Mackinaw Jeep Coats were issued by the US Army and US Army Air Forces during WW2 and were meant to be worn over the older M41 field jacket during cold winter weather. They had an OD3 cotton poplin shell for wind protection and a “blanket wool” liner for insulation. Like the M41 jacket, these were supposed to be phased out by the end of the war since the more modern M1943 series uniforms were being introduced, in a much darker OD7 color and without the waist belt, but many older Mackinaws were still photographed in use by the end of WW2 (sources:, The “jeep coat” received its name due to the 3/4 length, a result of a pre-WW2 US Army study on how to optimize uniforms for mechanized warfare. The shorter length compared to the pre-war full length overcoat would have allowed personnel to more easily and quickly maneuver and dismount from vehicles (source:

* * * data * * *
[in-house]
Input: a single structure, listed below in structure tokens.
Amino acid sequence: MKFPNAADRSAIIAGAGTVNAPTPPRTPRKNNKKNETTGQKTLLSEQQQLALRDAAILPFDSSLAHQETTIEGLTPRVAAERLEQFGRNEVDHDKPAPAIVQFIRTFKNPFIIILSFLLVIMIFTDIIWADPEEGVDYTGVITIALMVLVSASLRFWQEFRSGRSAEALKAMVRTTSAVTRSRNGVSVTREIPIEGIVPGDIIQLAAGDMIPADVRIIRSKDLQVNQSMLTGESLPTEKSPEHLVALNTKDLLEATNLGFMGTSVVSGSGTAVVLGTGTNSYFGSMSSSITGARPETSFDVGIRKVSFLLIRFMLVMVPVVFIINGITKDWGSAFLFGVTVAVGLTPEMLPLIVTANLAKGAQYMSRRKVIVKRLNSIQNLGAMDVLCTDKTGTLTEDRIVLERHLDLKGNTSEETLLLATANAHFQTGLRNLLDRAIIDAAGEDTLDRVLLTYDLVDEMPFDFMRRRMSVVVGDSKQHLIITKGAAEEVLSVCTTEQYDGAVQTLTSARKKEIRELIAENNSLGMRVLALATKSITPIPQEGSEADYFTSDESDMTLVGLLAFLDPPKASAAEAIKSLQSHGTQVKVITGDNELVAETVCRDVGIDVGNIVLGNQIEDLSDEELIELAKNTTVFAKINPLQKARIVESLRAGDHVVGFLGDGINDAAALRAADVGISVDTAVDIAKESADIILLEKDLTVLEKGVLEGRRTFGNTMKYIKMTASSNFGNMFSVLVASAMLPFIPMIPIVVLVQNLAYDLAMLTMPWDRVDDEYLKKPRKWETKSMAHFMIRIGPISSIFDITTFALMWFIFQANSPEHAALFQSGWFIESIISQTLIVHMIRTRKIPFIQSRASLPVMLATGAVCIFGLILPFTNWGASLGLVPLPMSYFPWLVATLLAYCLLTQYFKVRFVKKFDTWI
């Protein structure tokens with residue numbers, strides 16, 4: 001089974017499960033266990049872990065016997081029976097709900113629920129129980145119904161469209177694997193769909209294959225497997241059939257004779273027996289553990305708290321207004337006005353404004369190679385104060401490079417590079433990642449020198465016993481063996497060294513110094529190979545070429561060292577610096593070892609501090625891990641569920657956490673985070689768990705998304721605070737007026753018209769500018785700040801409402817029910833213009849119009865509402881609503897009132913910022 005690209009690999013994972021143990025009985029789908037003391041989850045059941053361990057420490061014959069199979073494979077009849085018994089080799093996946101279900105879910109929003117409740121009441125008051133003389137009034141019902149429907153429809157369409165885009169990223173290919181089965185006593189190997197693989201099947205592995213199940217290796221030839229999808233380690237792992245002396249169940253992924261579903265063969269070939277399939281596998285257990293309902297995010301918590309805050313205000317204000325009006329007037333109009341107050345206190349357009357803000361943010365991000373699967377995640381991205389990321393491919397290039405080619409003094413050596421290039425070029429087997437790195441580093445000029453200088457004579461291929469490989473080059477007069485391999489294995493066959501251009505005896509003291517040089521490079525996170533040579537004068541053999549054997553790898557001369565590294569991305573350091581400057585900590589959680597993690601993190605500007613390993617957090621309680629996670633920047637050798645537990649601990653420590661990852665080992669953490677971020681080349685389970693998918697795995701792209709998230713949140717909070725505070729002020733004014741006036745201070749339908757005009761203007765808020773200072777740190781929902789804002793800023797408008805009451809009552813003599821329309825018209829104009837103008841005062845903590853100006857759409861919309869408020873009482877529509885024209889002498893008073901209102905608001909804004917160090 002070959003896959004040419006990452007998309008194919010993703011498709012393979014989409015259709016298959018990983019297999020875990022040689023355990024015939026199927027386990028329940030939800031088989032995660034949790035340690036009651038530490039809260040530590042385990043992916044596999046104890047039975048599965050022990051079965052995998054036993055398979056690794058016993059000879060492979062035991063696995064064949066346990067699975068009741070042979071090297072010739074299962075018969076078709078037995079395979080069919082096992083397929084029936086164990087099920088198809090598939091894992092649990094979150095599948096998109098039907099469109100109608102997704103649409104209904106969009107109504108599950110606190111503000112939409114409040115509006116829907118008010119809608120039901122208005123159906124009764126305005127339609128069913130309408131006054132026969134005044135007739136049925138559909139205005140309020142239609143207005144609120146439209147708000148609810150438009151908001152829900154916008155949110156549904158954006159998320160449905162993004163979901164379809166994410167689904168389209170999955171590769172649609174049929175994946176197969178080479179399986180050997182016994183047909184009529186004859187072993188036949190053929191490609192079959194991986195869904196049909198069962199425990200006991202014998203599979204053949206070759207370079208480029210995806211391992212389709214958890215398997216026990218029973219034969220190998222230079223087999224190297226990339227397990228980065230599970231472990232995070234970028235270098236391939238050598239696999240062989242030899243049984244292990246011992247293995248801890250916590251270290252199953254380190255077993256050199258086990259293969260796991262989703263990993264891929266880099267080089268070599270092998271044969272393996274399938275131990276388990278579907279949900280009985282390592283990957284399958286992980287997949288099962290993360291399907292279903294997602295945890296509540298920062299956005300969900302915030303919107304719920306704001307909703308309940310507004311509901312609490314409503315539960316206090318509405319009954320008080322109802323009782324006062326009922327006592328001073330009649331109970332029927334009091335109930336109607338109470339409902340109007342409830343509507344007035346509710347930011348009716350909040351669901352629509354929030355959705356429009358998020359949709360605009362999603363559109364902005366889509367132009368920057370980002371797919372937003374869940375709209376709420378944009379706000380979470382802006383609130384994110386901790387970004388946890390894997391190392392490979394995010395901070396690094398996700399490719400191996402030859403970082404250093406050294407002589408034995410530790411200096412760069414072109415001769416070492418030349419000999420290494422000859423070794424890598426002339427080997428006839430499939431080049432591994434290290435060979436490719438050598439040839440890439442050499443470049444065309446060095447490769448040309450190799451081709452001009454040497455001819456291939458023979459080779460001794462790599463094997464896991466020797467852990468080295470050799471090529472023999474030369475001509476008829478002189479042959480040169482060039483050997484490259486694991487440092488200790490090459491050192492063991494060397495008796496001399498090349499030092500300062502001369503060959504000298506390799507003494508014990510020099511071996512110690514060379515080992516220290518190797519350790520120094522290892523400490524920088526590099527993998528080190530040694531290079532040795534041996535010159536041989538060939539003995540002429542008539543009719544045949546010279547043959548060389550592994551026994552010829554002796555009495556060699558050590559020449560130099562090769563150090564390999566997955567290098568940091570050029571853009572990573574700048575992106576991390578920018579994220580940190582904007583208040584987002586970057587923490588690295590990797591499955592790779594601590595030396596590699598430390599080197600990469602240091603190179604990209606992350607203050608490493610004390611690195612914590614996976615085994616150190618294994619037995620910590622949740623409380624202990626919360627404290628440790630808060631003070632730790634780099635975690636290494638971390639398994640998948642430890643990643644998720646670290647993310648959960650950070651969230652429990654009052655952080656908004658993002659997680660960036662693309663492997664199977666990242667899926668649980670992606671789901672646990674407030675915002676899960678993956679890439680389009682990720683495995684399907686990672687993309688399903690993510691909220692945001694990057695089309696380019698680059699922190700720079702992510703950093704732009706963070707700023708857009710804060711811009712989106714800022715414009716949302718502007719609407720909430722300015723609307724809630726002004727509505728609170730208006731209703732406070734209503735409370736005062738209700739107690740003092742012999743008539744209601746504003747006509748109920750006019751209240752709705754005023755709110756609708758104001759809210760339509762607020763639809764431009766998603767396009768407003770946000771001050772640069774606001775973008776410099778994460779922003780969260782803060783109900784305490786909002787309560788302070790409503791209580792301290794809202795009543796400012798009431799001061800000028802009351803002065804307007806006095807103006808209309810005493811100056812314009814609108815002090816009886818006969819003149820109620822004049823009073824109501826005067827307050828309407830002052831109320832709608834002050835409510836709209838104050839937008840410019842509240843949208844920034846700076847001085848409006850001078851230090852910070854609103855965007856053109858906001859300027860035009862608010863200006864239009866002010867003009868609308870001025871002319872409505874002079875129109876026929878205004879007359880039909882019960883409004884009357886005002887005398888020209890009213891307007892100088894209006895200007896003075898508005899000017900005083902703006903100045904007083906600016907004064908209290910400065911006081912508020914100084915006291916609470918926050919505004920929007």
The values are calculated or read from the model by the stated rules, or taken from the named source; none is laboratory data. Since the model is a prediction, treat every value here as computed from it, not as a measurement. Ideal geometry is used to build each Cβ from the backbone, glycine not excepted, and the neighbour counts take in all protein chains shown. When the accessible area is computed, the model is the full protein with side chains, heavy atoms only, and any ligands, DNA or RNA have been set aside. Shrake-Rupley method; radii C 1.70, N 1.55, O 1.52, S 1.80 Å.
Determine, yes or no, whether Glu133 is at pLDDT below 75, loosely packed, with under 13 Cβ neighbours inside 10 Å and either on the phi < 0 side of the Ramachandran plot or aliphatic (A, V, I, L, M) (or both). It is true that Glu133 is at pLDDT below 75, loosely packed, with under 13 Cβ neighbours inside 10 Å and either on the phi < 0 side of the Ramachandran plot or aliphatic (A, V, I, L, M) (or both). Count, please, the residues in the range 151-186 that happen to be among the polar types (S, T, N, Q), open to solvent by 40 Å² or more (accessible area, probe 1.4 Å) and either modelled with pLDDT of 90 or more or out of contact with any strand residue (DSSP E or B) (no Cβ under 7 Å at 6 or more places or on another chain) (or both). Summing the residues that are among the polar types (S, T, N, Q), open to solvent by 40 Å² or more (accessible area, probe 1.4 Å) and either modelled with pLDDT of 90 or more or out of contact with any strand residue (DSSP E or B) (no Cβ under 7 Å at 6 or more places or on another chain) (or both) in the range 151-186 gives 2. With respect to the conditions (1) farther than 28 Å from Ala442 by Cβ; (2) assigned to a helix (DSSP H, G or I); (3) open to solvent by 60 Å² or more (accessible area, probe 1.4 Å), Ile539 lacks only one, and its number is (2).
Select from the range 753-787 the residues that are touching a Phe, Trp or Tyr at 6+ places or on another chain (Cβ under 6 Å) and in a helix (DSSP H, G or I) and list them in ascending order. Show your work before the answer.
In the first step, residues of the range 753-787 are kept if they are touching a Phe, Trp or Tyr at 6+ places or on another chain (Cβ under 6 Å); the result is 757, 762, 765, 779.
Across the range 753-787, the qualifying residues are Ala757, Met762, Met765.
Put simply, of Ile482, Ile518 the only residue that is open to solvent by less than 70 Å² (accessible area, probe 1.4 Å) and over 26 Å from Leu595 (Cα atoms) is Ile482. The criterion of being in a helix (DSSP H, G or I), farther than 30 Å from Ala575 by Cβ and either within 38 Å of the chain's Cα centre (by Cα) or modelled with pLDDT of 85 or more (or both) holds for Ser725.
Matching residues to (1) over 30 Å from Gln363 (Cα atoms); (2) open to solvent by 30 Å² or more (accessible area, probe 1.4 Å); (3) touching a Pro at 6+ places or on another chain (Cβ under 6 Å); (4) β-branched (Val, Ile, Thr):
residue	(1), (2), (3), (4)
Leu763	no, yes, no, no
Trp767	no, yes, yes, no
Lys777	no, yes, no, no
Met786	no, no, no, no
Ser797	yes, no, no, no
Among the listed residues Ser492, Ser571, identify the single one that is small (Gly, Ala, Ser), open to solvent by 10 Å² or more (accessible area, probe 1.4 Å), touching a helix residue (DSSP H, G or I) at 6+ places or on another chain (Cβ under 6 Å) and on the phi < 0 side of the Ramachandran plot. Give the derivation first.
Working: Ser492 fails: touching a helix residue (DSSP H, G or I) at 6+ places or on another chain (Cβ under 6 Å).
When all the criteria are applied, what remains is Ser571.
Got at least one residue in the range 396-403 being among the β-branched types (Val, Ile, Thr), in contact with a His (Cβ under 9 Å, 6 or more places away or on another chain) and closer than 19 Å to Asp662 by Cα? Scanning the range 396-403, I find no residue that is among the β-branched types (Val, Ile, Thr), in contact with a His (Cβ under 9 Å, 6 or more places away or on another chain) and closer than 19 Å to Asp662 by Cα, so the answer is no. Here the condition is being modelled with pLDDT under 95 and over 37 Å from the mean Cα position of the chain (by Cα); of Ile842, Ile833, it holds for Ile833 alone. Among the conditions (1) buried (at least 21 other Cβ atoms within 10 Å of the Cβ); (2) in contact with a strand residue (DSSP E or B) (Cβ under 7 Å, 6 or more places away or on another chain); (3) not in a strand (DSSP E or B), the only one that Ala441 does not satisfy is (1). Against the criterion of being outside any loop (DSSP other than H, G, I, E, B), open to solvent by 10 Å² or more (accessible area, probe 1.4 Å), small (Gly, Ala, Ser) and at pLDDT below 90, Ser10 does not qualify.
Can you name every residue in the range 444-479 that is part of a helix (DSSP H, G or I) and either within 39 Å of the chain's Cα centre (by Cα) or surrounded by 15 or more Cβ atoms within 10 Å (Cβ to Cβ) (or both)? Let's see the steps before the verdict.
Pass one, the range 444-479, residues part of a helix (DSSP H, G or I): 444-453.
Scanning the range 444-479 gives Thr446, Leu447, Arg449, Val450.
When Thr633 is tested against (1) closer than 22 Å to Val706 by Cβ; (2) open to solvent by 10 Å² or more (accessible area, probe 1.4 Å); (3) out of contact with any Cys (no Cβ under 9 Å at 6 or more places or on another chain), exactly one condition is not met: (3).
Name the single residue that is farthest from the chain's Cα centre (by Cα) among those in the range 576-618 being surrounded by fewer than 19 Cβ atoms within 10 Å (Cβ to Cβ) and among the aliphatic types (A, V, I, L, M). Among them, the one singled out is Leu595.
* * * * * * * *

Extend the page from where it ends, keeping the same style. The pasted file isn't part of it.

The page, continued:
Tag is located on reverse (liner facing) side of pocket. It would not be visible inside the pocket.


External wool collar indicates that this jacket is the earlier “Type I” model that was produced until the second model with a plain poplin collar was adopted on August 27, 1942 (source:



The belt was removed in the final version of the Mackinaw jeep coat (source:


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